Banana beer is a weak alcoholic beverage that is popular throughout Africa. It is made by fermenting
bananas with a cereal flour (often sorghum flour). It is sweet and slightly hazy with a shelf life of
several days under correct storage conditions. The processing method and ratio of ingredients used
varies widely from country to country and with personal taste. In Kenya, banana beer, made from
sorghum or millet flour, is known as urwaga. In Uganda, banana beer is known as lubisi. This
technical brief describes one traditional method, and suggests ways in which the hygiene and safety
of the product can be improved.
Roast ground cereal
Raw material preparation
Only ripe bananas (Musa species) should be used to make the beer as these have a high sugar
content, which is necessary for the fermentation. Over-ripe bananas should not be used as they may
spoil the flavour of the beer. Unripe bananas should be left to ripen before they can be used.
Ripening can be speeded up by warming the fruit. During the rainy season, unripe bananas can be
left to ripen laid on a hurdle over the fire where the cooking is done. During the dry season
bananas can be ripened by making a pit in the ground, covering the sides of the pit with green
banana leaves, packing the bananas into the pit and then covering them with banana leaves and
earth. On one side of the pit a little ditch should be dug for a fire so that warmth and smoke can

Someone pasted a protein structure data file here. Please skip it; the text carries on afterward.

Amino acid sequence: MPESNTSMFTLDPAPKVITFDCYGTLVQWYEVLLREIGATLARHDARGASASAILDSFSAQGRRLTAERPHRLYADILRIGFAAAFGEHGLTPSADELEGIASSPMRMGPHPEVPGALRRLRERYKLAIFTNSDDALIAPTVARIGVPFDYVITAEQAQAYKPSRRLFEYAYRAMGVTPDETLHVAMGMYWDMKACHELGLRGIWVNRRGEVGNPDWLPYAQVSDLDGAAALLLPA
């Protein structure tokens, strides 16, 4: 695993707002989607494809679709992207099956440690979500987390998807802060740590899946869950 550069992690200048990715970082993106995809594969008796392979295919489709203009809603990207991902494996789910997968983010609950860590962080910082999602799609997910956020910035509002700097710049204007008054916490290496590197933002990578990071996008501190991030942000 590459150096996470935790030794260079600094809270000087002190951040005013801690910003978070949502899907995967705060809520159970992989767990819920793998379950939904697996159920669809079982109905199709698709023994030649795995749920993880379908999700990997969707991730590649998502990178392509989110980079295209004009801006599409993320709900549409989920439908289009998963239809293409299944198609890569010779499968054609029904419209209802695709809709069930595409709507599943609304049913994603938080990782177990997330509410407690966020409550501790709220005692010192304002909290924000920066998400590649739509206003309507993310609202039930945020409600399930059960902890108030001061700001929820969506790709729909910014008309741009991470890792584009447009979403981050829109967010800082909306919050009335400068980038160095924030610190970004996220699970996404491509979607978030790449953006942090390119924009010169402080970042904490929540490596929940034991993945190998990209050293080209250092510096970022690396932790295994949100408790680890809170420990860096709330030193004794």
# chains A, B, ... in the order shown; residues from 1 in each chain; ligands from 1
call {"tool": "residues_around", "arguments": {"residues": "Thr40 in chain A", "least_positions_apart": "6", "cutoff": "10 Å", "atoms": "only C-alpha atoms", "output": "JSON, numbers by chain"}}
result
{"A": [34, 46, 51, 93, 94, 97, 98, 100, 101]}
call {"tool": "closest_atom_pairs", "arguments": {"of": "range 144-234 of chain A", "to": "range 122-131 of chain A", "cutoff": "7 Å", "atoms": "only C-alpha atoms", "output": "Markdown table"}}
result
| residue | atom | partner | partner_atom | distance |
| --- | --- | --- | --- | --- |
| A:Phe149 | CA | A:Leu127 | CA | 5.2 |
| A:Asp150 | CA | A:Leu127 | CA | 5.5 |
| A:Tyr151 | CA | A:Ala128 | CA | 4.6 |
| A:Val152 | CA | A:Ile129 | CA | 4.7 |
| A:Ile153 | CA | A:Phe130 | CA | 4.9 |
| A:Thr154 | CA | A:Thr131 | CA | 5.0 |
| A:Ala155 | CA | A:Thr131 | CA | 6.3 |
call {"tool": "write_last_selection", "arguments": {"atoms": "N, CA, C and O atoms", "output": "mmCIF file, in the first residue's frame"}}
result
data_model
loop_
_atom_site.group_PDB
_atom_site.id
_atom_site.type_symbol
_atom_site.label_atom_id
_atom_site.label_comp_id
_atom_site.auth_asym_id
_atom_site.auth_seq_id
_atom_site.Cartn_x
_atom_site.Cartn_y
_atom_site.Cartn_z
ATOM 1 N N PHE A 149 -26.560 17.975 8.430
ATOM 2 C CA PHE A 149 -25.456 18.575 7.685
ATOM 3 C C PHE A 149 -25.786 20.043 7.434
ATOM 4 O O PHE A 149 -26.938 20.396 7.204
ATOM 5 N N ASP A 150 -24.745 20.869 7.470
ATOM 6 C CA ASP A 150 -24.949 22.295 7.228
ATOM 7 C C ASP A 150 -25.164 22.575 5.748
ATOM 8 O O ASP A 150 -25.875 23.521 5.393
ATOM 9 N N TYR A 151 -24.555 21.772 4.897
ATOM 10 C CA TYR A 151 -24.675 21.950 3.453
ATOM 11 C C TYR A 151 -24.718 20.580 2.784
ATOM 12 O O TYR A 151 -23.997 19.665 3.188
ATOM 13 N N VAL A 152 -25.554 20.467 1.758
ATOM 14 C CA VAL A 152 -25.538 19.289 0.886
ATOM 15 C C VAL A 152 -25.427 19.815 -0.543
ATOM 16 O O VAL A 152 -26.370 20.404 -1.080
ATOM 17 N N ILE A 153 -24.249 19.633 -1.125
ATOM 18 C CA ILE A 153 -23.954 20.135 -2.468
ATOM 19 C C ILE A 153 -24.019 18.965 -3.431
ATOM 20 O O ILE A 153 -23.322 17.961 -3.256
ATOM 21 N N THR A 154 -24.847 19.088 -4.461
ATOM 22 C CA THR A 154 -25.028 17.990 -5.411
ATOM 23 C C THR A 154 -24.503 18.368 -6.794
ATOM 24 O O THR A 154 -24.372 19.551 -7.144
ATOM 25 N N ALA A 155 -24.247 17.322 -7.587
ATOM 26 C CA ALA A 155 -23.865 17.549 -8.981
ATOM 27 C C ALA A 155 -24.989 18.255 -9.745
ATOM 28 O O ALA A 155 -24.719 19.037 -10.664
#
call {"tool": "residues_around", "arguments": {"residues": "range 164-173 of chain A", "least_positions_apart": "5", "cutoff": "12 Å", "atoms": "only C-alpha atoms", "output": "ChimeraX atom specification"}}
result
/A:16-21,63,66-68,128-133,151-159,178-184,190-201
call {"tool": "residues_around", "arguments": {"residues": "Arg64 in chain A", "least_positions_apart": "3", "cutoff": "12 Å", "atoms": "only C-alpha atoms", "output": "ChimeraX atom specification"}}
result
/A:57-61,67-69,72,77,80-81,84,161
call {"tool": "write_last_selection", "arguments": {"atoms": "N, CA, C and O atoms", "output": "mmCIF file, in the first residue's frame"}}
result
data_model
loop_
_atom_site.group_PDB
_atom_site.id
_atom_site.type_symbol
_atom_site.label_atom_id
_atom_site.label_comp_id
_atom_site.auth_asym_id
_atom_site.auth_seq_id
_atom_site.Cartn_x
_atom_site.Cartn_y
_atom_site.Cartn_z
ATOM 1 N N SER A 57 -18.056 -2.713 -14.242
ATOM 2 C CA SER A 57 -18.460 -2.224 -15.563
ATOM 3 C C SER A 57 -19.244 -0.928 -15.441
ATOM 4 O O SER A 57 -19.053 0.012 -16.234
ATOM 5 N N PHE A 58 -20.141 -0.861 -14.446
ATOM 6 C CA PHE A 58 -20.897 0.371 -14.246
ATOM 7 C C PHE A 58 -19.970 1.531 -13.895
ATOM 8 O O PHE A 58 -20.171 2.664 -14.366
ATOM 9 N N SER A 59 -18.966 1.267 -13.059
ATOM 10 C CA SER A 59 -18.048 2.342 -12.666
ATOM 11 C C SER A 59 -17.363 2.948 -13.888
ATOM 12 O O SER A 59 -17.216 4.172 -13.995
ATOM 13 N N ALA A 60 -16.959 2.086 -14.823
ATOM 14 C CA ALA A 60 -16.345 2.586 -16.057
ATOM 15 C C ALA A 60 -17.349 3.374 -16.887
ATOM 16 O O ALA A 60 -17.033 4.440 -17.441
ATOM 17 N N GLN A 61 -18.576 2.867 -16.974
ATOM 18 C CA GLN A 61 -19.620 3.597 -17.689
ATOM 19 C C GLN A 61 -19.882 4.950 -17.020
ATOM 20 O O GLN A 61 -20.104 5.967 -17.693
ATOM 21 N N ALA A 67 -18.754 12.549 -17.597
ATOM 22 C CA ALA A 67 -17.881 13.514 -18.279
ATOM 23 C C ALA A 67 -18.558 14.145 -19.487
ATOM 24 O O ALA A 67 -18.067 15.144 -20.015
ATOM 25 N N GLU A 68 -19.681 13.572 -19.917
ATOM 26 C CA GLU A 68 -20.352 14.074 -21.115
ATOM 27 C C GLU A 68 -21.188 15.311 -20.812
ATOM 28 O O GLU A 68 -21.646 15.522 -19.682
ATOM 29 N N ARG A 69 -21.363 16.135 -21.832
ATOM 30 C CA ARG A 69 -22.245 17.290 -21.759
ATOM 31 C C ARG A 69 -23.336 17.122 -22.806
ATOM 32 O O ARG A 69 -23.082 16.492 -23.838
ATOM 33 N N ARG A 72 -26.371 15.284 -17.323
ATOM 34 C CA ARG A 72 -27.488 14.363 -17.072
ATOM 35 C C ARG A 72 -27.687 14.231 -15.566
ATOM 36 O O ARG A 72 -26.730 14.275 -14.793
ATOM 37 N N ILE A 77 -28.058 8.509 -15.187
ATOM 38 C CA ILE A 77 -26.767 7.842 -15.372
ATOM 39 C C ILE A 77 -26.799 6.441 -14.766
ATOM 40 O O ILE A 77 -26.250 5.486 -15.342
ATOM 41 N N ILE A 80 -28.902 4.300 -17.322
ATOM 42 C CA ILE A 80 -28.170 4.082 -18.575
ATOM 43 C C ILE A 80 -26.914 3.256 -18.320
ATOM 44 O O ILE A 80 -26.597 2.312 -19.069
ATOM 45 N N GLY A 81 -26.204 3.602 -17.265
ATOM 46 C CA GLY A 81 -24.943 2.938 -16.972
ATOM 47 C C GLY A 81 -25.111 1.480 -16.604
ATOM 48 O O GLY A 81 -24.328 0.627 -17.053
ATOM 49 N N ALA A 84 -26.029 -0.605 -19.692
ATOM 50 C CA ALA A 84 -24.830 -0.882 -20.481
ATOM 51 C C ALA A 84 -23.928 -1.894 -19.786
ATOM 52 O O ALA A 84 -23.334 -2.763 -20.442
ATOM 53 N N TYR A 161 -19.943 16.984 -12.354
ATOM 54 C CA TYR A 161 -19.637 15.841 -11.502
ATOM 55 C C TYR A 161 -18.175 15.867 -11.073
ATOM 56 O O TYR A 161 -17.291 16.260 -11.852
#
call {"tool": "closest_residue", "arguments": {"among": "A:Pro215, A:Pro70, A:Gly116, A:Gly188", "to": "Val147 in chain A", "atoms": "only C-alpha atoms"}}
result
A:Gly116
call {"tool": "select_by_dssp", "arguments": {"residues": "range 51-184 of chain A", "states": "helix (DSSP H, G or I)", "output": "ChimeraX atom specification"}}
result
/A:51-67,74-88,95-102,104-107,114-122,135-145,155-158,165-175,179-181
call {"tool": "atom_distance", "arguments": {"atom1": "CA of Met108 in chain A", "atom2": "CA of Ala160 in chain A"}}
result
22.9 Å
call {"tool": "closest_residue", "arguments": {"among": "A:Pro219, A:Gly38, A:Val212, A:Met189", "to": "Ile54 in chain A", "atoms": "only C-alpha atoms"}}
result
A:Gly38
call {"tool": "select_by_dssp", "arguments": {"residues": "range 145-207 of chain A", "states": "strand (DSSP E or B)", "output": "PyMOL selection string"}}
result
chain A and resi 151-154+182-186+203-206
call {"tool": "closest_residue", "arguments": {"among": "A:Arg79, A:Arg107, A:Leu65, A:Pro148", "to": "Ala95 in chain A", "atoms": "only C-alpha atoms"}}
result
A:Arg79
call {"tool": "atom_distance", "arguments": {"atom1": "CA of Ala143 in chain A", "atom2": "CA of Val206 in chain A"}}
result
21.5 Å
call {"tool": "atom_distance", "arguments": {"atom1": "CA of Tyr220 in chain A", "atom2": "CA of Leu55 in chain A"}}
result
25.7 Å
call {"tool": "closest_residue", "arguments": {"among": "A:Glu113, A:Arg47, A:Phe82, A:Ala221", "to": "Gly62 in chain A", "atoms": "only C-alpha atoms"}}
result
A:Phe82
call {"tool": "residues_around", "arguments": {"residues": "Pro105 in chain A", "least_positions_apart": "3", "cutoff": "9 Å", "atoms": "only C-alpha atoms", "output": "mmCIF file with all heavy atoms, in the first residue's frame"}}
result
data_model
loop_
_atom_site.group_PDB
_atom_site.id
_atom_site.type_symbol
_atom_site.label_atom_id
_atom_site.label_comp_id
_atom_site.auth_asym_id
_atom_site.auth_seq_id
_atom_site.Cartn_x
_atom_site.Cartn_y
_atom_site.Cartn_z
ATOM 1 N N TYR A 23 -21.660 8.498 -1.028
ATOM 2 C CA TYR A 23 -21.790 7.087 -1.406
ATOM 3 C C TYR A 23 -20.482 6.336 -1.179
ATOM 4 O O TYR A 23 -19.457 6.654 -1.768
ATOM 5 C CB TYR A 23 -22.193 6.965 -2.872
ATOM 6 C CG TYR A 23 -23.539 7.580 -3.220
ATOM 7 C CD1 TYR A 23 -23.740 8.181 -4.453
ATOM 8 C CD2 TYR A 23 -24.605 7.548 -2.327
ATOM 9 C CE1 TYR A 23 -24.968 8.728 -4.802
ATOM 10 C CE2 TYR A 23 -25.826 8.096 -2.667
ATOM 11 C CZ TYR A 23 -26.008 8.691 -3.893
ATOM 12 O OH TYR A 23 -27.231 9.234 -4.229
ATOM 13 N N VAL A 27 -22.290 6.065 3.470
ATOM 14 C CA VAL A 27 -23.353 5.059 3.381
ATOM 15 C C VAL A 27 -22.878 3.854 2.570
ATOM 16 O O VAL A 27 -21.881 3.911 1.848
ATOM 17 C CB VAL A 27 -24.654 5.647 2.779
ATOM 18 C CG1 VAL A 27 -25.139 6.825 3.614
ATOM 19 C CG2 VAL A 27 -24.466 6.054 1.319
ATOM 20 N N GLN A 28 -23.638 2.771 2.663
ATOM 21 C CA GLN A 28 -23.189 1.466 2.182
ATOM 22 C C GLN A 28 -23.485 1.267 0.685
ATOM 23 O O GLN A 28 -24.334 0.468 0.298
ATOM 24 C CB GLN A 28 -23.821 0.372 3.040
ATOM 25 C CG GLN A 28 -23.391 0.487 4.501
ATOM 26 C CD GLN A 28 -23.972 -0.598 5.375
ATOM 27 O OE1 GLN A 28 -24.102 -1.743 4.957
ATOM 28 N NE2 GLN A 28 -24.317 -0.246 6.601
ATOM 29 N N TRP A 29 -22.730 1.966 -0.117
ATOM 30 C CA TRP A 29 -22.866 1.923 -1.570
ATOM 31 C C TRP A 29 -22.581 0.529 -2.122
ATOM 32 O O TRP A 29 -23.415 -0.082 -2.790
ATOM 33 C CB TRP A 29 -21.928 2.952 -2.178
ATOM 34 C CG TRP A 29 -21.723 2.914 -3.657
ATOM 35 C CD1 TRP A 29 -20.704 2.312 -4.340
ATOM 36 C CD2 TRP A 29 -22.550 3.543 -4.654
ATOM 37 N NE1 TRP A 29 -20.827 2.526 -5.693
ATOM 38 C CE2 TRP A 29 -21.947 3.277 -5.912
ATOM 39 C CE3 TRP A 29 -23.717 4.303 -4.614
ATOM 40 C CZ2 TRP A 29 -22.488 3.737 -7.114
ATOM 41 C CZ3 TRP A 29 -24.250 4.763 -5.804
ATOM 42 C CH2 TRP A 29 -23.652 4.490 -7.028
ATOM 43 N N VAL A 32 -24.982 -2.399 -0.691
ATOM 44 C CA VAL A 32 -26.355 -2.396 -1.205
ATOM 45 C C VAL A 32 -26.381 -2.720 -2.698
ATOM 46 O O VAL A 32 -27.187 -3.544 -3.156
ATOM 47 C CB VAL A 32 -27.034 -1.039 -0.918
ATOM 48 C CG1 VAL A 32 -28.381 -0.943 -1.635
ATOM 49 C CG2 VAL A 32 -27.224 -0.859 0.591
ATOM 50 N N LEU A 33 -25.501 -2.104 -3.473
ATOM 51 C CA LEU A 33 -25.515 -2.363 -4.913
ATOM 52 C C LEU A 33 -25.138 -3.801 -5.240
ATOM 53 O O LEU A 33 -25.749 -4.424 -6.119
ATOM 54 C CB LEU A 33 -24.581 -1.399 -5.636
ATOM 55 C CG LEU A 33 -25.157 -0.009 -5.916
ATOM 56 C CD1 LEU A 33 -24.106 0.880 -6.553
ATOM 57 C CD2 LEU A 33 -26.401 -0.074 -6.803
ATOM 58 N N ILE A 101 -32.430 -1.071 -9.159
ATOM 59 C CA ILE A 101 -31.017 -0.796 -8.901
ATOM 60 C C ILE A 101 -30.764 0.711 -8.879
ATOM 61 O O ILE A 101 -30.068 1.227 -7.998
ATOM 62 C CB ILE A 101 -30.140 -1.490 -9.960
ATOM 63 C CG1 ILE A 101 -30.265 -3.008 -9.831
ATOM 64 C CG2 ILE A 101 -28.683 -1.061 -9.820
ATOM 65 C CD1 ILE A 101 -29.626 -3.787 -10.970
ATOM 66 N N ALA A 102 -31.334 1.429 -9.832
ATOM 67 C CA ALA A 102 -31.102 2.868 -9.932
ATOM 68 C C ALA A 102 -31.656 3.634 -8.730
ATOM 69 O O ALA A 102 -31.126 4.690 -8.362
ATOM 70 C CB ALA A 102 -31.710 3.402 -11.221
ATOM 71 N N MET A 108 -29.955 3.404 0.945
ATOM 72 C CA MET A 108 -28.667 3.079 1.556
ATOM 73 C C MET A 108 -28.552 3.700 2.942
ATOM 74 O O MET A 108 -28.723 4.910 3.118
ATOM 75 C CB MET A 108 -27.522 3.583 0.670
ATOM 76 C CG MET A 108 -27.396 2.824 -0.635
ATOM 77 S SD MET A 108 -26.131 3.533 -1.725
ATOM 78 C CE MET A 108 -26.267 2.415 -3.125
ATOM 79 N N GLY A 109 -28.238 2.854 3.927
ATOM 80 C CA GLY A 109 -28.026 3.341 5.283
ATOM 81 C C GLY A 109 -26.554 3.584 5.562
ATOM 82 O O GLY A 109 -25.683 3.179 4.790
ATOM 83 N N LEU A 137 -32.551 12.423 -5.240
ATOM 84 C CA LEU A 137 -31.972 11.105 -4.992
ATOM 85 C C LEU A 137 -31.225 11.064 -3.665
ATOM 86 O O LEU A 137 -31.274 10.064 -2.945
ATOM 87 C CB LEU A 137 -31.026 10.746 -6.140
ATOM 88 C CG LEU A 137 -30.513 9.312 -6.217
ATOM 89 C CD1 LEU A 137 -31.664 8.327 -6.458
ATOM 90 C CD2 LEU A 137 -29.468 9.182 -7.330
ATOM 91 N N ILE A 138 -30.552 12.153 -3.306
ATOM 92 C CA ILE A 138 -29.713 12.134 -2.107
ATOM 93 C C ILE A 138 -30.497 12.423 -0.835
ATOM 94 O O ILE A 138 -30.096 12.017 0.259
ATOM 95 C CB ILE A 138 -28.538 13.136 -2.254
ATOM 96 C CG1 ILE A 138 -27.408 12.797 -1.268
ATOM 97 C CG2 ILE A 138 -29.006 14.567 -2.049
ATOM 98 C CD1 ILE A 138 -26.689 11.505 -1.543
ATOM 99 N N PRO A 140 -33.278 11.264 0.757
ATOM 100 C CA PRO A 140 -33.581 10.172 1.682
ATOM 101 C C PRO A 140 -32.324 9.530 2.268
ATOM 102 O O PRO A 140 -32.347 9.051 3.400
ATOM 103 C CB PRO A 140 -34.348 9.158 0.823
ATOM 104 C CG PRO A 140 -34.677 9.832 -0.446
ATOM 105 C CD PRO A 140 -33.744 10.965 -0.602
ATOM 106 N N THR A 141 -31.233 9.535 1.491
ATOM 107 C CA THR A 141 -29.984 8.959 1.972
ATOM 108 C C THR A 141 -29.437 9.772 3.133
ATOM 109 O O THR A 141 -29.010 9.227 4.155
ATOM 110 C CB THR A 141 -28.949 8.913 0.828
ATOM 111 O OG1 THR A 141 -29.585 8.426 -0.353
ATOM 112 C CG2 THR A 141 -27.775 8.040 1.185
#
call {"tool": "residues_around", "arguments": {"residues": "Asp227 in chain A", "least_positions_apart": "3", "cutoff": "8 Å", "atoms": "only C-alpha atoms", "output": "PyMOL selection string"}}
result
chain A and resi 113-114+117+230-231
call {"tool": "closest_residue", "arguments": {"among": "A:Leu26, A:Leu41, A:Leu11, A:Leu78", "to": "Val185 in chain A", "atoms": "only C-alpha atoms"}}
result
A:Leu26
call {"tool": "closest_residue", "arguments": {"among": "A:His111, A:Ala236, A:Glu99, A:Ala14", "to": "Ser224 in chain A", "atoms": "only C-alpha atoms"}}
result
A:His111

enter the pit. This takes about six days.
The bananas should then be peeled. If the peels cannot be removed by hand the bananas are not
sufficiently ripe and should be left for longer.
The first step is the preparation of the banana juice. It is important to obtain a high yield of clear
banana juice that is not spoiled by browning or contaminated by spoilage micro-organisms. Ensure
that the vessels used for pulping the banana and extracting the juice are clean before use.
Knead the bananas until they are soft and pulpy. Use a stiff grass to help knead and squash the
banana pulp and to extract the juice. The pulp residue will remain in the grass. Pour off the
extracted juice into a large clean bucket or similar container. This banana juice is non-alcoholic and
can be diluted and drunk at this stage if desired.
Add clean boiled water to the extracted juice (one volume of water for three volumes of banana
juice). It is necessary to dilute the banana juice so that the concentration of soluble solids is low
enough for the yeast to ferment the juice. Grind the cereal (sorghum or millet) and lightly roast it
over an open fire. Add the roast cereal (1 part cereal to 12 parts juice) to the diluted banana juice.
Cover the bucket with a clean lid and leave in a warm place to ferment for 18 to 24 hours. The
ground cereal improves the colour and flavour of the beer.
After fermentation the beer is filtered through a sterilised cotton cloth.
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